Giving Thanks When It’s Not Easy

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by Helen Baldwin |

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yo-yoing | SMA News Today | main graphic for column titled "We're Not in Kansas Anymore," by Helen Baldwin, depicting a blue wave offset by green nature scenes

November is a month of personal celebrations and Thanksgiving, a favorite holiday. We’re prompted all month via marquees and commercials to give thanks.

We shouldn’t need prompting. And it shouldn’t be a one-month effort.

Granted, life isn’t easy for many. However, it usually takes little effort to find someone with a life challenge you’re thankful isn’t yours.

That hit home repeatedly during our brief SMA assignment, almost 25 years ago.


My husband, Randy, and I were thrilled when our first baby, Matthew, was born. Three years later, we were equally delighted when he was joined by his sister, Katie. Our family was complete!

God snickered. Shortly after our move to the North Carolina mountains, our family excitedly prepared for a surprise third baby! Jeffrey blessed us with an early arrival on May 18, 1997.

Alas, God wasn’t finished. Two months later, Jeffrey was diagnosed with SMA type 1. Back then, the prognosis was devastating: probable death before the second birthday.

I needed a big shove at that time to find something to be thankful for, but I found it.

Matthew and Katie were healthy. And Jeffrey was happy.

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Almost three months after the diagnosis, Randy and I took Jeffrey to a pulmonologist for a consultation. By then, my pity parties were impressively small in number and intensity. I’d discovered we could still give thanks even with SMA. Matthew and Katie seemed to be holding up remarkably well, Randy always picked up the slack when I needed an “adjustment,” and we had no reason to believe that Jeffrey was in pain. He certainly knew he was loved!

On that fateful day, Oct. 6, 1997, giving thanks took a twist.

The pulmonologist made an unfortunate decision that resulted in Jeffrey going into respiratory arrest in the office. An ambulance was summoned to take us to the emergency room just across the parking lot. I was most thankful for the proximity, although the ride, painfully slow, seemed excruciatingly long.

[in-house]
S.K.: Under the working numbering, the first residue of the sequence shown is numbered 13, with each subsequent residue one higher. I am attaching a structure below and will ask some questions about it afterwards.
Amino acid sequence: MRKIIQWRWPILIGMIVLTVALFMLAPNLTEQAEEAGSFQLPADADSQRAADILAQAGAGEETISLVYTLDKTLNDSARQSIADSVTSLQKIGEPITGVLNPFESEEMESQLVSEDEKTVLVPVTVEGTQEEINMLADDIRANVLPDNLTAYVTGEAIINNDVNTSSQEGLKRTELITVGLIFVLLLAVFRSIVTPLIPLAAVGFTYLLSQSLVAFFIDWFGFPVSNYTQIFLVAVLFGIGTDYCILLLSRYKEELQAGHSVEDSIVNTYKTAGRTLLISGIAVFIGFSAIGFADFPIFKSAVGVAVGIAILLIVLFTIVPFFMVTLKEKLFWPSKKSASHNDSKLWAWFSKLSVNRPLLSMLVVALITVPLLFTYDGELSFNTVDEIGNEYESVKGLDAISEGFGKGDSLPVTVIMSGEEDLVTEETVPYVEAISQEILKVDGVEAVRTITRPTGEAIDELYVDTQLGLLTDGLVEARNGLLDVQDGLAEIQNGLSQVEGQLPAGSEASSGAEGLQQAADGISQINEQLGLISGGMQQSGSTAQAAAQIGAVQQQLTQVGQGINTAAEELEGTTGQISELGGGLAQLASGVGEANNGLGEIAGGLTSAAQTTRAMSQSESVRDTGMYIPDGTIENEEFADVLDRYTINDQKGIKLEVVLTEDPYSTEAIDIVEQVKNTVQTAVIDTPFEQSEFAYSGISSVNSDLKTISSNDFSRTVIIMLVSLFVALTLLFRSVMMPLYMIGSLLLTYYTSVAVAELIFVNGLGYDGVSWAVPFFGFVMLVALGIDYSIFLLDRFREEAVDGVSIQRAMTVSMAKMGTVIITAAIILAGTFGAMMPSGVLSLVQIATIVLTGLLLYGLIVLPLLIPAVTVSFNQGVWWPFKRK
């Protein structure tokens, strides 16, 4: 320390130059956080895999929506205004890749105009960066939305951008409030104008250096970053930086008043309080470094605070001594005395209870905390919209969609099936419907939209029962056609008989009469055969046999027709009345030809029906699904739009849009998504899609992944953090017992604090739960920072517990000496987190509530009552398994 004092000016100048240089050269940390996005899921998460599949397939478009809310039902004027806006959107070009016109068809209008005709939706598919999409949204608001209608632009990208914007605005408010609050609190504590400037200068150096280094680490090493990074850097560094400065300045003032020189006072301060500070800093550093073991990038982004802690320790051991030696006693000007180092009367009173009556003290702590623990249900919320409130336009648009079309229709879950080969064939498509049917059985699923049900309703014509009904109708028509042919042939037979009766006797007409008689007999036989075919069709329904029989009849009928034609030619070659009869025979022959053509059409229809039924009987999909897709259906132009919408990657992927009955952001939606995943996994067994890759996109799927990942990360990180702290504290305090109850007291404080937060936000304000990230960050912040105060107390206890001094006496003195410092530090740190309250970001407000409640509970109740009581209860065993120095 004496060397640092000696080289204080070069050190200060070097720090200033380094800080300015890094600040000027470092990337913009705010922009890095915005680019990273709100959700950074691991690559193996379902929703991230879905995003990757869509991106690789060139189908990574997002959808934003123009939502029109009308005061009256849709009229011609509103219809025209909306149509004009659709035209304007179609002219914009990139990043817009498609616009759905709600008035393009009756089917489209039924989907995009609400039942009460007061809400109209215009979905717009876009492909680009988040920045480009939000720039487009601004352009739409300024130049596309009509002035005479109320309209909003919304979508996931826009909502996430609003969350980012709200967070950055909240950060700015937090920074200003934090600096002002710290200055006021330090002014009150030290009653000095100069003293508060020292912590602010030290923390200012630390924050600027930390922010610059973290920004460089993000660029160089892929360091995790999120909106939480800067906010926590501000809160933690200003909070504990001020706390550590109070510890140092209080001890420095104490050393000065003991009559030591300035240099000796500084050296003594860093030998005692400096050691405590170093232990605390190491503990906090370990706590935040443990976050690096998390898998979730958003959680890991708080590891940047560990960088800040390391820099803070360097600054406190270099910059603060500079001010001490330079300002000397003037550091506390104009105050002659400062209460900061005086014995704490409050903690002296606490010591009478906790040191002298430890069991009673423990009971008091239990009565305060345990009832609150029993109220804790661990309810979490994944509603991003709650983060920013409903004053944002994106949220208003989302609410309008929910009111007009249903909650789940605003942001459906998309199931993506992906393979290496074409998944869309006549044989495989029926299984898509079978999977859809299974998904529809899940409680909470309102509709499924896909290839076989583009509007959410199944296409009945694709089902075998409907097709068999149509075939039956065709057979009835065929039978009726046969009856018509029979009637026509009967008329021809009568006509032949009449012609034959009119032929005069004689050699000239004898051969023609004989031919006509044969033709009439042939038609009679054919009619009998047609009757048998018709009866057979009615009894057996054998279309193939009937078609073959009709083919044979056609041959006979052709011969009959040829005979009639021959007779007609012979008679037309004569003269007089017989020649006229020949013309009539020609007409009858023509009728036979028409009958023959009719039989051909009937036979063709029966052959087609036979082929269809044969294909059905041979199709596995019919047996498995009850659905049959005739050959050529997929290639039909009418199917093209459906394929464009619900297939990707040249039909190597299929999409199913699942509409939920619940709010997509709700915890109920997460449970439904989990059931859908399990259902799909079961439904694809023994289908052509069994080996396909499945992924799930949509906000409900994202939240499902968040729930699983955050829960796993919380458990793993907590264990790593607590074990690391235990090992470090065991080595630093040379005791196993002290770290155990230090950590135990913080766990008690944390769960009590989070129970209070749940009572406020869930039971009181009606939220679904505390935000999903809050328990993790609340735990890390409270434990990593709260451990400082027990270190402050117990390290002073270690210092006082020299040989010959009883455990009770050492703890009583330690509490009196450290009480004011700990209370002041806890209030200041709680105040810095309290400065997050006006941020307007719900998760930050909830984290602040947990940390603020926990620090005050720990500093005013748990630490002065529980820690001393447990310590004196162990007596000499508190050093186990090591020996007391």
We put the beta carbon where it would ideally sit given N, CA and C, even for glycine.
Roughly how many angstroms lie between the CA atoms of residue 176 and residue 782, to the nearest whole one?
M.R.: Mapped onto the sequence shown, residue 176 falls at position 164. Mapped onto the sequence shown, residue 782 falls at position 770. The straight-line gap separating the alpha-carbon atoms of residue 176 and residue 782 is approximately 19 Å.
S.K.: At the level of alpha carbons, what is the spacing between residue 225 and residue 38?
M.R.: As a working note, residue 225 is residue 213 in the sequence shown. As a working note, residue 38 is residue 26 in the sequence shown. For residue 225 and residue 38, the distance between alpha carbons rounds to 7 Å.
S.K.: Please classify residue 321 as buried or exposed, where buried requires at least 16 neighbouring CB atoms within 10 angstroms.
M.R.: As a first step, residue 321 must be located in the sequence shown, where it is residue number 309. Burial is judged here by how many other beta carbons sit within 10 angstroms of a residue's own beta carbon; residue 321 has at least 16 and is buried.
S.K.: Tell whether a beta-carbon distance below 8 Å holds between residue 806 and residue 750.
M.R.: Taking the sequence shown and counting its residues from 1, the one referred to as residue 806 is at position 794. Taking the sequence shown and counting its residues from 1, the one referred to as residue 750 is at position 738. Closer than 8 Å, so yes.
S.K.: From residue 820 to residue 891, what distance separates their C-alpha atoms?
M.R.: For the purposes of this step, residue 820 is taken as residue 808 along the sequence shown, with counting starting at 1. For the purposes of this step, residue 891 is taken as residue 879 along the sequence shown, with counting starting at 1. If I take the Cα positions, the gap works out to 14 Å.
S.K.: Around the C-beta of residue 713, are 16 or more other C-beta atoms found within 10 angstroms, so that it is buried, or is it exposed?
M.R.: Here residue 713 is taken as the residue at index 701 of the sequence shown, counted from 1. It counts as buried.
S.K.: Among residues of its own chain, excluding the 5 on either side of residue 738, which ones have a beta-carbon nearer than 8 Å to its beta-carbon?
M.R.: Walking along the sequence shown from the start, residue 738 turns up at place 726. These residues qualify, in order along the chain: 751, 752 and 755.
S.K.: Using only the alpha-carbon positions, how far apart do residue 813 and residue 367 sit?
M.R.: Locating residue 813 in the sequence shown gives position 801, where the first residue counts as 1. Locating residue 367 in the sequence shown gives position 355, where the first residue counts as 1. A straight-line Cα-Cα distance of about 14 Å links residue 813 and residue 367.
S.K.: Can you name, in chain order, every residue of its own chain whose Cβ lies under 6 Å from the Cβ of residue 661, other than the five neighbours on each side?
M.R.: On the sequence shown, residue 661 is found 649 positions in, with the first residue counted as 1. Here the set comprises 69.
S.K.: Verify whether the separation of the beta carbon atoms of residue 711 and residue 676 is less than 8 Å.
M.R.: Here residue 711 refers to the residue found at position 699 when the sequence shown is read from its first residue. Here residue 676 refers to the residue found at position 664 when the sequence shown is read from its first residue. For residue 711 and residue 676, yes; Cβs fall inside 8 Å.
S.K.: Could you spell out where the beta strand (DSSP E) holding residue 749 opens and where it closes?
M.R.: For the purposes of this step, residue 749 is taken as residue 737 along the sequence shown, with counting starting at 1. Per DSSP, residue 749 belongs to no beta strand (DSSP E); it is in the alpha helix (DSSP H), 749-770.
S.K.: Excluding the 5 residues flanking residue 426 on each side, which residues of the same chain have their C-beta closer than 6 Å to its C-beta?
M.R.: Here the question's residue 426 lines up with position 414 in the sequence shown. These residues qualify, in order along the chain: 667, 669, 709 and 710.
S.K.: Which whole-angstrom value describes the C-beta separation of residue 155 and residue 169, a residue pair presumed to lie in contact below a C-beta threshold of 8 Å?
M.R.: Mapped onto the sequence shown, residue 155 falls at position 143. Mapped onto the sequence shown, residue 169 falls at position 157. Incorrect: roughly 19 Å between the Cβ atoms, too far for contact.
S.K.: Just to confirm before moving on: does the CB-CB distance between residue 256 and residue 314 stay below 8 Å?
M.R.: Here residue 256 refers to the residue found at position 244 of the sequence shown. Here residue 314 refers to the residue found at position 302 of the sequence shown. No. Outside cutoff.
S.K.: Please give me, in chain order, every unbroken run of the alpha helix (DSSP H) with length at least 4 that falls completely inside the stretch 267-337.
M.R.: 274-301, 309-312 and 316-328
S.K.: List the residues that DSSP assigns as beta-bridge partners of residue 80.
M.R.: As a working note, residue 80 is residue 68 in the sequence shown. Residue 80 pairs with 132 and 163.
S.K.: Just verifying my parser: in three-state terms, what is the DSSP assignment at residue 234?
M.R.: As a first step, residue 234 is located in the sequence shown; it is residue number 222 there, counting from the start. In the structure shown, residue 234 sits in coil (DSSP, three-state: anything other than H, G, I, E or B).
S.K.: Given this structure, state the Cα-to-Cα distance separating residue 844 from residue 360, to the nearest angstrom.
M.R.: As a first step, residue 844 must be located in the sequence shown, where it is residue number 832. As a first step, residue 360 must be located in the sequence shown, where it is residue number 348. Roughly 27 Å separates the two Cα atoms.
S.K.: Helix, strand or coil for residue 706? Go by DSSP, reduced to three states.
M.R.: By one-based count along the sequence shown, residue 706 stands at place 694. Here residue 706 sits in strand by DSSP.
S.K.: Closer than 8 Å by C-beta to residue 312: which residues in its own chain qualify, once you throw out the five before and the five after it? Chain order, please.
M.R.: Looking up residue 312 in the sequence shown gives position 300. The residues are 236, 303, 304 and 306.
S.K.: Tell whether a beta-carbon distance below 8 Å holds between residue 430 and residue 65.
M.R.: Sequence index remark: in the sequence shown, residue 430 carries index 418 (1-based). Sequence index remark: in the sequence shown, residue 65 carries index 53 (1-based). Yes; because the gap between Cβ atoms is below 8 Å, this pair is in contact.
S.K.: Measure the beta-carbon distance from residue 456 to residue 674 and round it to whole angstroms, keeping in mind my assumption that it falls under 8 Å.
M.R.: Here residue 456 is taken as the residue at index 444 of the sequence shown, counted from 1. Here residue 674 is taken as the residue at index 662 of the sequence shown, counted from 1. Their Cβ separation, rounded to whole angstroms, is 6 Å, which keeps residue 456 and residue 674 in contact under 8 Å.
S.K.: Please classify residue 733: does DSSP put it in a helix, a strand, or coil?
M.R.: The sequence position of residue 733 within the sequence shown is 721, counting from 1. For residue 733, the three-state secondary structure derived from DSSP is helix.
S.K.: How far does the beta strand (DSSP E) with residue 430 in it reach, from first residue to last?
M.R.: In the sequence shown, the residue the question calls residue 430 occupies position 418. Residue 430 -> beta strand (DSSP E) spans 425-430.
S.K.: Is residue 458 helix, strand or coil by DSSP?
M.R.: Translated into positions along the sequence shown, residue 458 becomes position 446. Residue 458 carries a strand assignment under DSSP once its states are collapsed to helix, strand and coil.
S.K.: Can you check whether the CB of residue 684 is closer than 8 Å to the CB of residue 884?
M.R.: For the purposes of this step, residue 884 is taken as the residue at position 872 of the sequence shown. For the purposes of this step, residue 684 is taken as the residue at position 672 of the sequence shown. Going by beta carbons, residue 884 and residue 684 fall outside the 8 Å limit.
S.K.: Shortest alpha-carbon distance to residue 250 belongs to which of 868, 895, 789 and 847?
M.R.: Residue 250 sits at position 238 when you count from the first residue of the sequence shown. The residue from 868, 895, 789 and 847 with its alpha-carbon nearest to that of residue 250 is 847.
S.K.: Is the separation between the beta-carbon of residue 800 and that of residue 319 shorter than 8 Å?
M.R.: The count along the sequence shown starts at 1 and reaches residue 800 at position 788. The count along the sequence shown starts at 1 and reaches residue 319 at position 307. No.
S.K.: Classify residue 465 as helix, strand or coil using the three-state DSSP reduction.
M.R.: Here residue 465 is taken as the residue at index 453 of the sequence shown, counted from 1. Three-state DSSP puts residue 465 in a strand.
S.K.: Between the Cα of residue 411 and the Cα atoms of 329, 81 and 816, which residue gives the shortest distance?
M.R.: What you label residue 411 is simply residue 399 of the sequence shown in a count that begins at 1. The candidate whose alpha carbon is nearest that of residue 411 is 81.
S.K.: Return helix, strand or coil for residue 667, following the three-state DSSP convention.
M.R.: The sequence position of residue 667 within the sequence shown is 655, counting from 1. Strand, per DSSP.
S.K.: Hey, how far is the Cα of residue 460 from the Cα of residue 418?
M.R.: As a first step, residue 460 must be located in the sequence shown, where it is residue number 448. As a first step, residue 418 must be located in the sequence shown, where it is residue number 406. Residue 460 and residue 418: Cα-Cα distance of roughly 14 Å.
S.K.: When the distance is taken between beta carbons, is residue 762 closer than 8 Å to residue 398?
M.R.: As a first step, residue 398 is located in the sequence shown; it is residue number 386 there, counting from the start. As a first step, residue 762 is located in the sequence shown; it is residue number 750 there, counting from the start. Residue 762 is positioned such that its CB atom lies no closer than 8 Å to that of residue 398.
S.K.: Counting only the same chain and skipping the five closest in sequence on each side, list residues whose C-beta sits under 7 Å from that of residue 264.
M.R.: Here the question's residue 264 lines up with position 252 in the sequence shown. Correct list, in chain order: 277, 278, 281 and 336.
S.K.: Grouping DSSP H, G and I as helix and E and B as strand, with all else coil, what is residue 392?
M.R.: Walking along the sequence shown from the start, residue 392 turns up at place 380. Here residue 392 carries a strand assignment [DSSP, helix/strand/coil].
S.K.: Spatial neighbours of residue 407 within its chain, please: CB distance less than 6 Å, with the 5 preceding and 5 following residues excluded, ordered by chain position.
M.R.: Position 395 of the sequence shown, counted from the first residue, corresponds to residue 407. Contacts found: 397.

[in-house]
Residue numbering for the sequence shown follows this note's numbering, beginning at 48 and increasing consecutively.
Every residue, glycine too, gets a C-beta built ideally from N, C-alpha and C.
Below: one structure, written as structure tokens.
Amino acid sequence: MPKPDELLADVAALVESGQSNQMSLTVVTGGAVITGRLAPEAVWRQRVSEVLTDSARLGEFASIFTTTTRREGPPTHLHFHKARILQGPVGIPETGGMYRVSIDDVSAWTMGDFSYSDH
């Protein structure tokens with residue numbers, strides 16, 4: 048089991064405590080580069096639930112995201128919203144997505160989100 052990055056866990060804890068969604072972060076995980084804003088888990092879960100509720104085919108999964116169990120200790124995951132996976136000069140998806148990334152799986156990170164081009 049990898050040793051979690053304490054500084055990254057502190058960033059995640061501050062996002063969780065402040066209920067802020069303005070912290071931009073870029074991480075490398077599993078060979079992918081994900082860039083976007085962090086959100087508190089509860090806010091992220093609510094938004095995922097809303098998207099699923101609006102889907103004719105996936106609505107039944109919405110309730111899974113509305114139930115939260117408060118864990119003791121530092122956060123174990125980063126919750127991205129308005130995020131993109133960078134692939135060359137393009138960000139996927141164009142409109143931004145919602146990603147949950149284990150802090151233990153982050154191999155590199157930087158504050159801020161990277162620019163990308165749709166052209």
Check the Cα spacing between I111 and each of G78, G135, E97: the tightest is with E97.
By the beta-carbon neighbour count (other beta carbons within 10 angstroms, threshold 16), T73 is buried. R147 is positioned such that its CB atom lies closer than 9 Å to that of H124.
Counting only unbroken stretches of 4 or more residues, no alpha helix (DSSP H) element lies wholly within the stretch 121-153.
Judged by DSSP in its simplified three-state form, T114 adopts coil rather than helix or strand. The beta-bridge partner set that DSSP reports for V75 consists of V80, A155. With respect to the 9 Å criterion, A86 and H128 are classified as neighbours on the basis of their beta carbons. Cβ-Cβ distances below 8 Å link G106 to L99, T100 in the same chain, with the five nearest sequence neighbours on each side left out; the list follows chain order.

Once in the ER, Jeffrey experienced a second round of respiratory arrest. The medical folks shoved tubes down his throat as he drifted away, and a horrifying image of finding a pillow to end this torture flashed through the remains of my mind. I was mortified at the thought, thankful that it was just a thought, and pondered just how far I’d go to “save” our baby.

I was thankful Randy was right beside me.


Yearning for something positive after the gut-wrenching intrusion of SMA, Randy and I somehow managed to broach donating Jeffrey’s organs when the time came. I was crushed to learn that it would be possible only if Jeffrey were in the hospital at the end. If nothing else, I wanted to be home when he snagged his wings.

Fast-forward to the nightmare consultation gone horribly awry. As Jeffrey lay in the ER with tubes down his throat in the horrific chain of events, Randy and I were summoned to speak with the chaplain. Despite my balking at leaving our baby for who knew what, we were both gently nudged along to speak about organ donation.

OK, maybe this was something to be thankful for. Maybe this was God’s way of enabling us to share a part of Jeffrey after he was gone. I still preferred home, though.

Incredulously, our tiny warrior held on and moved to a room for the night. As soon as he was settled in his hospital bed, he went into respiratory arrest for the third time. A nurse named Mary offered my crumbling self a hug that came straight from God. Twenty-four years later, “thankful” still doesn’t do justice.

My physician brother, Paul, drove hours for whatever was coming up. Tears of thankfulness flowed.



November is National Hospice and Palliative Care Month.

Upon our miraculous return home from the consultation ordeal, our home health nurse quietly suggested summoning hospice. Jeffrey was exhausted.

Palliative care, including suctioning the secretions Jeffrey could no longer manage, nursing him (increasingly, more for mere soothing), and keeping him snuggled on the pillow in my lap, had kept him comfortable. He now required the next level of care.

Our local hospice had never worked with a baby before. Mary, the nurse assigned to their tiny patient, was a godsend from the beginning. I’m still thankful for that connection. Her first order was to make sure we had morphine on hand for whenever Jeffrey needed it. The idea of giving morphine to our baby turned my stomach, but oh, how thankful I was to see how quickly and easily it squelched respiratory distress.

Thanks to Mary and hospice, Jeffrey was kept comfortable. I was kept relatively sane for the next few weeks, despite a few rough patches. I prayed that our little guy’s final breath would come peacefully with only our immediate family home. On Nov. 4, 1997, it did.

Thankful? Way beyond words.


Note: SMA News Today is strictly a news and information website about the disease. It does not provide medical advice, diagnosis, or treatment. This content is not intended to be a substitute for professional medical advice, diagnosis, or treatment. Always seek the advice of your physician or other qualified health provider with any questions you may have regarding a medical condition. Never disregard professional medical advice or delay in seeking it because of something you have read on this website. The opinions expressed in this column are not those of SMA News Today, or its parent company, BioNews, and are intended to spark discussion about issues pertaining to spinal muscular atrophy.

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